But Apple’s incredible success has also led to the accumulation of a massive$65.8 billion cash hoard that has come under fire lately. Yair Reiner, an analyst at Oppenheimer & Company, thinks Apple’s cash is “truly untenable,” and Toni Sacconaghi, an analyst at Sanford C. Bernstein & Company, feels Apple should pay a 4% dividend and initiate a $30 billion stock buyback to “mitigate investor fear of a potentially large, value destroying acquisition and create financial discipline,” which would, of course, ”create shareholder value.”
No. As Horace Dediu pointed out, when technology companies institute stock buybacks, they don’t create a lot of shareholder value, if any at all. Microsofthas spent a little more than $97 billion on buybacks since 2004 and its share price has gone up less than 10%. Over the last 10 years, it has spent over $170 billion on both buybacks and dividends while MSFT has gone down 19.92%. At the same time, networking giant Cisco has returned $50.7 billion to shareholders since the beginning of 2004 while its share price has dropped 35.58%. Additionally, RIM’s stock price has plummeted 21.16% since it announced a share buyback program less than 30 days ago, on June 16th. Though other factors certainly could have played a part in the depreciation of the share prices of the aforementioned companies, using cash for stock buybacks and dividends clearly isn’t the best way to increase shareholder value.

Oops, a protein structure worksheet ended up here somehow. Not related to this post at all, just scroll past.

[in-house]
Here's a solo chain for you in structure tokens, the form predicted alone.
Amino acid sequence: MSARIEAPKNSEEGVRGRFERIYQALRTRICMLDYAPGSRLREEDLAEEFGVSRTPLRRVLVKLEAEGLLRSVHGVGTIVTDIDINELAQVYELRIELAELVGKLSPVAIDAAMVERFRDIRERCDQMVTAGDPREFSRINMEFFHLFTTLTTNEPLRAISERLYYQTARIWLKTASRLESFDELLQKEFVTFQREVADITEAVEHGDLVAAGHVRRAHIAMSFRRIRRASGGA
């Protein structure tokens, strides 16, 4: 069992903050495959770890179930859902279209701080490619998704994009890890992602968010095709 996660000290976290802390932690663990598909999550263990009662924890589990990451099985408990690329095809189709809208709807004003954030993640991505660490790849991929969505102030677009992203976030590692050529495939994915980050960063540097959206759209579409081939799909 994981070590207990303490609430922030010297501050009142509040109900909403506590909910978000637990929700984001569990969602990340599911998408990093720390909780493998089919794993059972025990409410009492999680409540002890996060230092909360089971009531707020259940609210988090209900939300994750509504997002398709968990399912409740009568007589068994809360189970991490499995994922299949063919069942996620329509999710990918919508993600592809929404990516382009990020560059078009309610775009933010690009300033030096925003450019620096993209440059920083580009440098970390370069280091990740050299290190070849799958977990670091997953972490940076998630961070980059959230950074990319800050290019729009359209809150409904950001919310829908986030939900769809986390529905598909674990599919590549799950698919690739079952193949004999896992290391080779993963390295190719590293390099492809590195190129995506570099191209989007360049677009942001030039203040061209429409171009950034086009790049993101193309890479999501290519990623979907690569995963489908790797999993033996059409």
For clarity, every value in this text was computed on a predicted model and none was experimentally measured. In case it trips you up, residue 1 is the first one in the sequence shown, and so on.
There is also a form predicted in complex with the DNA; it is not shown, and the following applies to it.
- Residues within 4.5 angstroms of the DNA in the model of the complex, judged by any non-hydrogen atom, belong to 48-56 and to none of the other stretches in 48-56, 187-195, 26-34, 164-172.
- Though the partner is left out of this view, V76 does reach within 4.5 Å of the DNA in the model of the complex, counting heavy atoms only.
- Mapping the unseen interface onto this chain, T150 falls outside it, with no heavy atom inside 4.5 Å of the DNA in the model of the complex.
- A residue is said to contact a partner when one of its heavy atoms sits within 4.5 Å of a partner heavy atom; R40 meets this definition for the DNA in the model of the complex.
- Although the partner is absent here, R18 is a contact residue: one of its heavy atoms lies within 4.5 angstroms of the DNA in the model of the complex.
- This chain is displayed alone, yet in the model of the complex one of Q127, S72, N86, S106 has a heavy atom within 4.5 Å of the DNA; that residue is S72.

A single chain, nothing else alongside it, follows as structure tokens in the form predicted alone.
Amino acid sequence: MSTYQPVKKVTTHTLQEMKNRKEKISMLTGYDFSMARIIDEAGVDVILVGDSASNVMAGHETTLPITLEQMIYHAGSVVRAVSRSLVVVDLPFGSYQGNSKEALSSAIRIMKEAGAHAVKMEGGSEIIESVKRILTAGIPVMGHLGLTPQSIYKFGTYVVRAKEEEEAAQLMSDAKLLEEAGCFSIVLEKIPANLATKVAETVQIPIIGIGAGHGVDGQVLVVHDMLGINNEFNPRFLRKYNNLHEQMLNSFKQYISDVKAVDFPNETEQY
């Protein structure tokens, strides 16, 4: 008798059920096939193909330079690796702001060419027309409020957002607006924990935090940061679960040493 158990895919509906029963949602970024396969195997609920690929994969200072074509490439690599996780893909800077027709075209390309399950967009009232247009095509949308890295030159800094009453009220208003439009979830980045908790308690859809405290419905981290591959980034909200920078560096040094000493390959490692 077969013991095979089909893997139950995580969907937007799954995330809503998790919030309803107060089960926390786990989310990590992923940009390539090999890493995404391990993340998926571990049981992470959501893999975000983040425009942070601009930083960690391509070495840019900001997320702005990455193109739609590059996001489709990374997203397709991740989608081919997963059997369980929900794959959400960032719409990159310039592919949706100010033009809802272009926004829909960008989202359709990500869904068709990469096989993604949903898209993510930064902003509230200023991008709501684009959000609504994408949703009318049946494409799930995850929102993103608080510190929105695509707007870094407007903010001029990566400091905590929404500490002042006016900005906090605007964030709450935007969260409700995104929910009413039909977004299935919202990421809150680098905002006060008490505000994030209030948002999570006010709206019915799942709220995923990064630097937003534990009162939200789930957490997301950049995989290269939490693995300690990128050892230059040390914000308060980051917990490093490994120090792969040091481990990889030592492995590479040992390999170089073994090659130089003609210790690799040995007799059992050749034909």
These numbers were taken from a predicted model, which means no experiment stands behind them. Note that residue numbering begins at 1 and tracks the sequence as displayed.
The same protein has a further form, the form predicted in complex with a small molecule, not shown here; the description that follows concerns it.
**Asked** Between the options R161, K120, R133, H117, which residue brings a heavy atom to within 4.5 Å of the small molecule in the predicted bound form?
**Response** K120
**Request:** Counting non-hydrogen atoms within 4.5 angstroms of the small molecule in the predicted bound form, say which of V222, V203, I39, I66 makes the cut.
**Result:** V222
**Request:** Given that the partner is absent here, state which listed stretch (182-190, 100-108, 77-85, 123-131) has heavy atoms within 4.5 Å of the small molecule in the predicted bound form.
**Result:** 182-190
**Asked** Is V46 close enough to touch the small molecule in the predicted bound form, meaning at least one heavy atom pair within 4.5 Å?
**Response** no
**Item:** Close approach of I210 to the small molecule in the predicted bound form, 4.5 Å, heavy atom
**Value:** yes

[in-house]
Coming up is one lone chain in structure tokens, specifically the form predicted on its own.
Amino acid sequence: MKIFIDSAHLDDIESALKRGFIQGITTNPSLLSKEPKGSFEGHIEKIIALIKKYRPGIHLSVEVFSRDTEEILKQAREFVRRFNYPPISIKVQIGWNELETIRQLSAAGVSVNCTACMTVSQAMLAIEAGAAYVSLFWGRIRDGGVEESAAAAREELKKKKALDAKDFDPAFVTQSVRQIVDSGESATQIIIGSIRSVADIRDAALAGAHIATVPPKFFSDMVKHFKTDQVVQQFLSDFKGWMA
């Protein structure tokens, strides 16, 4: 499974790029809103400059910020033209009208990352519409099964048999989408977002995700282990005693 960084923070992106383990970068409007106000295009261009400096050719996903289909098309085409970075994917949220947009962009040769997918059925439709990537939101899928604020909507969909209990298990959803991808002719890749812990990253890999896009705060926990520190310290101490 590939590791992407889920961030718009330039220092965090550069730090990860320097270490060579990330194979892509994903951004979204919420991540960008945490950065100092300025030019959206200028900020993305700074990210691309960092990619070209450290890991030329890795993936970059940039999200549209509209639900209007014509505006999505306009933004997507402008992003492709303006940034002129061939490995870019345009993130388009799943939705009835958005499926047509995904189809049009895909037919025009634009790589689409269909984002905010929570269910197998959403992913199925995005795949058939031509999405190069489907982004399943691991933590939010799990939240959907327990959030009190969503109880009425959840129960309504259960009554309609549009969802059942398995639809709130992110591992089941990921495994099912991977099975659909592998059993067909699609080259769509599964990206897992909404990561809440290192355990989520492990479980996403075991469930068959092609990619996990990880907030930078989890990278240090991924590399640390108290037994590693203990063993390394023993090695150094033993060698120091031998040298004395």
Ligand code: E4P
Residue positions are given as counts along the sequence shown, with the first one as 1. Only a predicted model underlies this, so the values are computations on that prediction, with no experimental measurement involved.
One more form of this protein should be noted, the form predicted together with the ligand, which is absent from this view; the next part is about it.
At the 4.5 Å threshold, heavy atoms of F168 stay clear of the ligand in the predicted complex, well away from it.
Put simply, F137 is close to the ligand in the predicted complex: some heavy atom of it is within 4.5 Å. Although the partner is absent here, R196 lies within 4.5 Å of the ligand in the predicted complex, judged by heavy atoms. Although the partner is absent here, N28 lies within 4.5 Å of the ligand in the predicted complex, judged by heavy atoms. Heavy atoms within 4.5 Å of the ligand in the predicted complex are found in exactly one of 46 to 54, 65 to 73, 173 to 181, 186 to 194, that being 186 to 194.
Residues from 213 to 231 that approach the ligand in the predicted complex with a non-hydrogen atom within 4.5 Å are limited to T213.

Richman’s wrong here. Using cash to buy back stock is an excellent way to increase shareholder value, assuming that the stock in question is undervalued. If a stock is undervalued, each dollar of buyback creates more than one dollar of value. It’s like buying dollar bills for, say, 75 cents. There is a good argument that AAPL is undervalued right now. If so, buybacks would create shareholder value.
The problem with the MSFT and RIMM buybacks was that the companies were buying back stock that was overvalued. The problem wasn’t the strategy (buybacks), but the execution (buying back overpriced stock).
I understand why Apple’s holding on to their $70 billion right now. However, Apple’s cash reserves may eventually become larger than any reasonable need for competitive advantage, business-related activity, etc. When that occurs ($100 billion? $200 billion?), the company is duty-bound to return some of the money to the company’s owners (AAPL shareholders). If AAPL’s fairly valued at the time, then a dividend would be appropriate. If AAPL’s undervalued at the time, then a buyback is a reasonably strategy that will create, not destroy, shareholder value.